Switzerland is best known for its location among the Alps, as well as its lakes, chocolate and clock making. Switzerland's history dates back to the thirteenth century when three regions formed an alliance in 1291. By the early sixteenth century, Switzerland's three regions had grown to include 13 cantons. Important border towns like Zurich and Bern were among the additions because of their access to Italy. The Swiss Confederation, as it was known, was an early example of a nation determined to remain independent from noble rule, an anomaly in Europe at that time.
The first Swiss person to sail to the U.S. on record was Theobald von Erlach in 1564. Unfortunately, he died, along with nearly one thousand French soldiers, after their ship encountered a hurricane and was wrecked. Any survivors were murdered by the Spanish, who were also trying to claim valuable territories in America. There were some Swiss families who resided in Jamestown. Jean Gignilliat, a French Swiss, obtained a land grant in South Carolina in 1657, and in 1710, Christoph von Graffenried, along with about 100 Swiss, founded and settled New Bern in what became North Carolina.
Those with Swiss family history might find ancestors who arrived in America between 1710 and 1750 when a large number of Swiss settled in Virginia, Pennsylvania and South Carolina. In South Carolina, the Swiss settlers were mostly members of the Reformed Church, while the settlers in Pennsylvania were mostly Swiss Mennonites. The next successive waves of Swiss immigration occurred between 1850 and 1880, when over 75,000 Swiss immigrated to the U.S., although during the 1880s alone, around 82,000 Swiss immigrants arrived. Another 89,000 Swiss immigrants arrived between 1891 and 1920. If your Swiss ancestors were among any of these immigrant groups, many went on to settle in the Midwest, particularly in Wisconsin, Indiana, Ohio and Illinois.
It's important to begin with the most recent family members and work backwards to accurately fill out your family tree. Once you begin finding Swiss ancestors past the three generations, your research will likely get a bit more challenging, making it important to work sequentially. For example, there are Swiss vital records that date back to the late 1400s, but if you haven't taken the time to work backwards from the present, you might find a familiar name that turns out not to be related to your family at all. Instead, review as many U.S. records as possible until you must cross over to examining Swiss records.
Your Swiss ancestors that emigrated to America likely left a records trail in the U.S., meaning most family history searches begin at home. There are many genealogy resources available online, and searching for ancestors doesn't necessarily require trips to various libraries. Census records are important tools, as they normally list the full name of the head of household along with spouse, children and other relatives who might reside there. Sometimes dates of birth of are included, along with occupation and residence. This can help narrow down records searches for marriage, death and birth records. Also, immigration and naturalization records and passenger lists are helpful for discovering when your Swiss ancestors sailed to the U.S. and who sailed with them.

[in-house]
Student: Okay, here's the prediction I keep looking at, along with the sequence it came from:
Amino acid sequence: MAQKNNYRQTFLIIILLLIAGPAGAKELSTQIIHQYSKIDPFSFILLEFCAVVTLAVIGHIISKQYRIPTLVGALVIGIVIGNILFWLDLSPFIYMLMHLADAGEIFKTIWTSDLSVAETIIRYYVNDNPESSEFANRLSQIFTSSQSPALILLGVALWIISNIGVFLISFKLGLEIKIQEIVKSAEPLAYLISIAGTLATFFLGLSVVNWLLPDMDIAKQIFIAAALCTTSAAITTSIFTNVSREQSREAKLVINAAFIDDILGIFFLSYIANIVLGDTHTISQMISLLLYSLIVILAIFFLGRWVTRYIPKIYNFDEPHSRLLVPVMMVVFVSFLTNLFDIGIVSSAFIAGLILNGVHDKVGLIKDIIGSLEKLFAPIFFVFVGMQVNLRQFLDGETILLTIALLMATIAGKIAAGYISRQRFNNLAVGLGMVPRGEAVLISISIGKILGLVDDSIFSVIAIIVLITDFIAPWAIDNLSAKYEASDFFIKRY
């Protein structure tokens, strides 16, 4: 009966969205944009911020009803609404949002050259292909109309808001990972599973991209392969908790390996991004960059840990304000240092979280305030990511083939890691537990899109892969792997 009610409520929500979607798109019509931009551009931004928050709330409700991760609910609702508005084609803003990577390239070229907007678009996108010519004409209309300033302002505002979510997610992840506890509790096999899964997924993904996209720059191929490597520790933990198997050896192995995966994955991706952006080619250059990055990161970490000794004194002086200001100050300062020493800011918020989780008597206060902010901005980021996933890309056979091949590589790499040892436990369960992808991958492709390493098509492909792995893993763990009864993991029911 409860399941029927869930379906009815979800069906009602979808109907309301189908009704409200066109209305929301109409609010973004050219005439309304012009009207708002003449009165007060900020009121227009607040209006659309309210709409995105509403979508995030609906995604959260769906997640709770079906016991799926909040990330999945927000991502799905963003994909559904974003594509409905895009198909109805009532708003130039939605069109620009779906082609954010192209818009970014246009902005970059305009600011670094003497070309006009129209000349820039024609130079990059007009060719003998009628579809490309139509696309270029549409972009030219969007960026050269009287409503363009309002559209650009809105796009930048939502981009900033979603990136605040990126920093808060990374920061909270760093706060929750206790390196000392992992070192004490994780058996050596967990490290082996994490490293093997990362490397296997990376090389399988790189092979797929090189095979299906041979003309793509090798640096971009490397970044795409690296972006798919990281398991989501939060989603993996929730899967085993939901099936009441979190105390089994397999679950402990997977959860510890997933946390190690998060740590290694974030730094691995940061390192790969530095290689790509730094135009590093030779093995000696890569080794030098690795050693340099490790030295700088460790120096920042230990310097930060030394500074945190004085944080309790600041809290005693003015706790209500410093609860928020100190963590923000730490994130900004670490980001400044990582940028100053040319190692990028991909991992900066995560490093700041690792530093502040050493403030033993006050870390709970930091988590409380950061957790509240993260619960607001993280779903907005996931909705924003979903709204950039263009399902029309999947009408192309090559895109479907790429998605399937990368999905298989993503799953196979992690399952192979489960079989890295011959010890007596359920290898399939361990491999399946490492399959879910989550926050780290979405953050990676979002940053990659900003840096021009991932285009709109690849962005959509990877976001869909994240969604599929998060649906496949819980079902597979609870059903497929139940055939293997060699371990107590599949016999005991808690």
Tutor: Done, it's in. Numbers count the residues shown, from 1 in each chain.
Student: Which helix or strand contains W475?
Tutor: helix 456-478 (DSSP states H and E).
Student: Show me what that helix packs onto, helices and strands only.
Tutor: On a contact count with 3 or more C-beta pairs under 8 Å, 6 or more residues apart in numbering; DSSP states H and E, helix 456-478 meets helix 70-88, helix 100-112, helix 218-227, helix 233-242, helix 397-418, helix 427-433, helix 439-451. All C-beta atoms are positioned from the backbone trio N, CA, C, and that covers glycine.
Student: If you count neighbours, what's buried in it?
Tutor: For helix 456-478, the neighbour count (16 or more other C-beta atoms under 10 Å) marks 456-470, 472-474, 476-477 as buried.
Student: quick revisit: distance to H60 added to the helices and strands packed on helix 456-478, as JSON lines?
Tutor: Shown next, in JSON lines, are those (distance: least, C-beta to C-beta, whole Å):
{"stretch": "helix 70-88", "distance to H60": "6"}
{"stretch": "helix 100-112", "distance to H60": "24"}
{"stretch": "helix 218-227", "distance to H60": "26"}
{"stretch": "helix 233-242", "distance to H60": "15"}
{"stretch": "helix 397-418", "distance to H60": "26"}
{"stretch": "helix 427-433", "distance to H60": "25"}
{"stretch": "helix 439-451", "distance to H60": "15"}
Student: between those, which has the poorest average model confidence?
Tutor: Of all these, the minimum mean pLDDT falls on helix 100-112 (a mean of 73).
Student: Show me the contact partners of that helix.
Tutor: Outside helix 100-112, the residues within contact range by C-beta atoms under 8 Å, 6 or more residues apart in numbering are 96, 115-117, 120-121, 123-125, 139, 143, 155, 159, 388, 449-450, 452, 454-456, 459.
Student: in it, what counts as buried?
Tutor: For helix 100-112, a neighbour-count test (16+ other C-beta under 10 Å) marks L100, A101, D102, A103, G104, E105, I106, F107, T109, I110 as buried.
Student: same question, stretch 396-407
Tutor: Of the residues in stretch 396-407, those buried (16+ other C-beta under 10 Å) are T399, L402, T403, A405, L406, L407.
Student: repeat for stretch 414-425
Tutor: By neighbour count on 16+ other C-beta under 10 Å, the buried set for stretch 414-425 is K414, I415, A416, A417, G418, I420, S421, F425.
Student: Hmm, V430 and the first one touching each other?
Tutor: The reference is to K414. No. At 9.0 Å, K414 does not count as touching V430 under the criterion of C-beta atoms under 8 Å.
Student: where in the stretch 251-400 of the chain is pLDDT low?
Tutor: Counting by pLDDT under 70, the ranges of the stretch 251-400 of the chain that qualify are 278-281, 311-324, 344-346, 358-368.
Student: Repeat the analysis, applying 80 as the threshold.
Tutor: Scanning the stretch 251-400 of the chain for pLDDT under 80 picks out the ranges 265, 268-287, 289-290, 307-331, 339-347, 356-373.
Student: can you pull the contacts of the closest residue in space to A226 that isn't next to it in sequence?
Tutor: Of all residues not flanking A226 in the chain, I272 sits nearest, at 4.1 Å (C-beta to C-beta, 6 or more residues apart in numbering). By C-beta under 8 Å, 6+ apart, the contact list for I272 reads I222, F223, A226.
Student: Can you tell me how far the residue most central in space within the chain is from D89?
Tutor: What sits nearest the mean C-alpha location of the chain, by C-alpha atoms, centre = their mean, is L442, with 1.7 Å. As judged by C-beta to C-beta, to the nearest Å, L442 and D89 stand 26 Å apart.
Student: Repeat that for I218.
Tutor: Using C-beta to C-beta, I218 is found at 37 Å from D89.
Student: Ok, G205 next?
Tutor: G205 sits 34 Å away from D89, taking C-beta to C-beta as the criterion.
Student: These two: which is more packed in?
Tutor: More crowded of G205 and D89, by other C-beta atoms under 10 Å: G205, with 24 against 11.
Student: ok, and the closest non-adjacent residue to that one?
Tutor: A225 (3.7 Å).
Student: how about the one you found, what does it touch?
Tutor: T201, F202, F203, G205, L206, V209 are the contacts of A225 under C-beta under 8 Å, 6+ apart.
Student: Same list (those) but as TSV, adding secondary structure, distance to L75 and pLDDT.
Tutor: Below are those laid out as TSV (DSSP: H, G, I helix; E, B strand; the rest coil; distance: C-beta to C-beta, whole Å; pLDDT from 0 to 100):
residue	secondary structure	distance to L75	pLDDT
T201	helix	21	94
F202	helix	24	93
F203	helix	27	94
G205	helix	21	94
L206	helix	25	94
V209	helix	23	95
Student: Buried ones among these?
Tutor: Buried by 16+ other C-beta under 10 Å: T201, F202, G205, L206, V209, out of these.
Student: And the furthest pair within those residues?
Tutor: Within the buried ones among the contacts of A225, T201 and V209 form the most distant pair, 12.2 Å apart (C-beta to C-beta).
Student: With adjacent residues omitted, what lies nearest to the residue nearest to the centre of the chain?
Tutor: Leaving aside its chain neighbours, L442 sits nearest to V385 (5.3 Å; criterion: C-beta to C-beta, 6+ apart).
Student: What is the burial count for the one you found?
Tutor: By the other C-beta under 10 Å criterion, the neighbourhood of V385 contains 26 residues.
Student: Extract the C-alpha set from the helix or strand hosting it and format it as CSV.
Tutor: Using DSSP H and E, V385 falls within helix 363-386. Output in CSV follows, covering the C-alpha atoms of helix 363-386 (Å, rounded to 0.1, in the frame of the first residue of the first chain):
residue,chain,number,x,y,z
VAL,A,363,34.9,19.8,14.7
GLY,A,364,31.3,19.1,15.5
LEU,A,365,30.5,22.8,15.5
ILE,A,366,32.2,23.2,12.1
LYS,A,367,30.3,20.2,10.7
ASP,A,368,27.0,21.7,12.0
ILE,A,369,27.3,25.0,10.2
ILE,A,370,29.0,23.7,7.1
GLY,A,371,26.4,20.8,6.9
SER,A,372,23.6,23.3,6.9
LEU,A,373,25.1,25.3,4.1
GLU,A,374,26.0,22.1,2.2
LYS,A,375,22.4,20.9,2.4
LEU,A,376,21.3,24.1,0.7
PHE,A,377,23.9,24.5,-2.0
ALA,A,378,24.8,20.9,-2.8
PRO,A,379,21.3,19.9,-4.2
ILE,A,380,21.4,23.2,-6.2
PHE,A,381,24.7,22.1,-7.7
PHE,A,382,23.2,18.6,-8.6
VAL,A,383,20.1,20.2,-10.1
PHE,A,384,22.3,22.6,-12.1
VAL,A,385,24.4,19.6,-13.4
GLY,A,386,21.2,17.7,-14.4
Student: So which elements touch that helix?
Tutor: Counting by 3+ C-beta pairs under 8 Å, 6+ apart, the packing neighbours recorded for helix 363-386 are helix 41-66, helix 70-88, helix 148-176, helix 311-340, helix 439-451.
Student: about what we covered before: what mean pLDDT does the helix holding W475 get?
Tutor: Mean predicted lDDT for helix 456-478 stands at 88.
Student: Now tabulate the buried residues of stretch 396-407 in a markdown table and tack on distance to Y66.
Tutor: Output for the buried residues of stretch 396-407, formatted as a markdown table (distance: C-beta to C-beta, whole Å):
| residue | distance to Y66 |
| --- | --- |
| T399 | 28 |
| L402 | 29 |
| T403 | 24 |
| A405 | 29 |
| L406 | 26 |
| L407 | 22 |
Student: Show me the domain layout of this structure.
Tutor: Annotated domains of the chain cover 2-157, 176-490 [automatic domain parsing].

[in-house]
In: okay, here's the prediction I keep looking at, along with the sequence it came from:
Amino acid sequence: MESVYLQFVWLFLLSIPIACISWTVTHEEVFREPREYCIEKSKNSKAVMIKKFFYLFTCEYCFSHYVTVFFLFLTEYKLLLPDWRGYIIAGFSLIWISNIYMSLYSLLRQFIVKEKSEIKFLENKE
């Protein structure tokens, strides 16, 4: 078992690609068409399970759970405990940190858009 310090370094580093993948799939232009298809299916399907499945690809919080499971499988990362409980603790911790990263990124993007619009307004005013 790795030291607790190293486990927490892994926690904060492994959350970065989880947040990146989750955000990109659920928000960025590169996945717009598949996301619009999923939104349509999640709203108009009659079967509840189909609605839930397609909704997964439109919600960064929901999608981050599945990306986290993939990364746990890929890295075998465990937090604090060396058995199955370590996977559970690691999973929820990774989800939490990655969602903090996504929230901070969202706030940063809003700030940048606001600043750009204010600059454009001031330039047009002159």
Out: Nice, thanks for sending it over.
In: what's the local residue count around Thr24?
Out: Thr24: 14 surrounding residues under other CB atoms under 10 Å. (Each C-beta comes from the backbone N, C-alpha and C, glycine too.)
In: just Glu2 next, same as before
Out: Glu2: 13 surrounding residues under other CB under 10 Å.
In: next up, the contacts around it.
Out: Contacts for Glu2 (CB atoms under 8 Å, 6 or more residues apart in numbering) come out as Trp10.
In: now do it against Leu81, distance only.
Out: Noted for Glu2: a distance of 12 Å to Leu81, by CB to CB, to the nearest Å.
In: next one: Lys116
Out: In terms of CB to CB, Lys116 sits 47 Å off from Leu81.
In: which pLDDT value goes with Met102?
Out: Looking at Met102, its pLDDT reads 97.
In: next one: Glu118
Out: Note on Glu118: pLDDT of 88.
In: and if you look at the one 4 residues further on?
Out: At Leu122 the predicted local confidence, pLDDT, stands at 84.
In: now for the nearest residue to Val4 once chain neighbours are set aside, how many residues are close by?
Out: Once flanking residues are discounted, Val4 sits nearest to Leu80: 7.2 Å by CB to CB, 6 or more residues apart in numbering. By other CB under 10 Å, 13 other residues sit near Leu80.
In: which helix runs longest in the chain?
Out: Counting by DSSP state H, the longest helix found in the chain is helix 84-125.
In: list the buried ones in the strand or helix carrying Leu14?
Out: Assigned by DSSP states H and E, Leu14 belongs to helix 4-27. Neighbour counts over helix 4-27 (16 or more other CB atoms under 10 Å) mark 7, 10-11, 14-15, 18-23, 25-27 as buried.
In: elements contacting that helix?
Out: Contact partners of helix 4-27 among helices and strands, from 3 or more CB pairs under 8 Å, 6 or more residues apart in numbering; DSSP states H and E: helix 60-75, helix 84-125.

Many passenger manifests include information on who was meeting the family or individual in America, what town or village they came from in Switzerland, a name and/or address of a relative back in Switzerland, and their destination once in America. This information isn't always complete, as passenger manifests weren't always kept or filled out appropriately, but when the record is even partially completed, this can result in a goldmine of information.
Once you've found the names of ancestors first arriving in America, it's time to extend your family history search across the Atlantic to Switzerland itself. Again, there are many valuable Swiss records available online, making it possible to research without traveling overseas. Early Swiss records often include church records, although the originals were written in various languages, including German, Italian, French and Latin. Many databases have translated these into English to help the search process.
Baptism records, which double as birth records, date back as far as 1491 in certain cantons of Switzerland, although these aren't necessarily complete. Also commonly found in church records are lists of congregation members, marriage records and burials. Protestant churches were required to record marriages and baptisms beginning in 1525, with the Catholic churches following suit in 1563. Efforts of placing vital records onto microfilm are ongoing in Switzerland. If your family records haven't been digitized yet, it's possible to hire a Swiss researcher to visit archives in person to locate pertinent records for your family.
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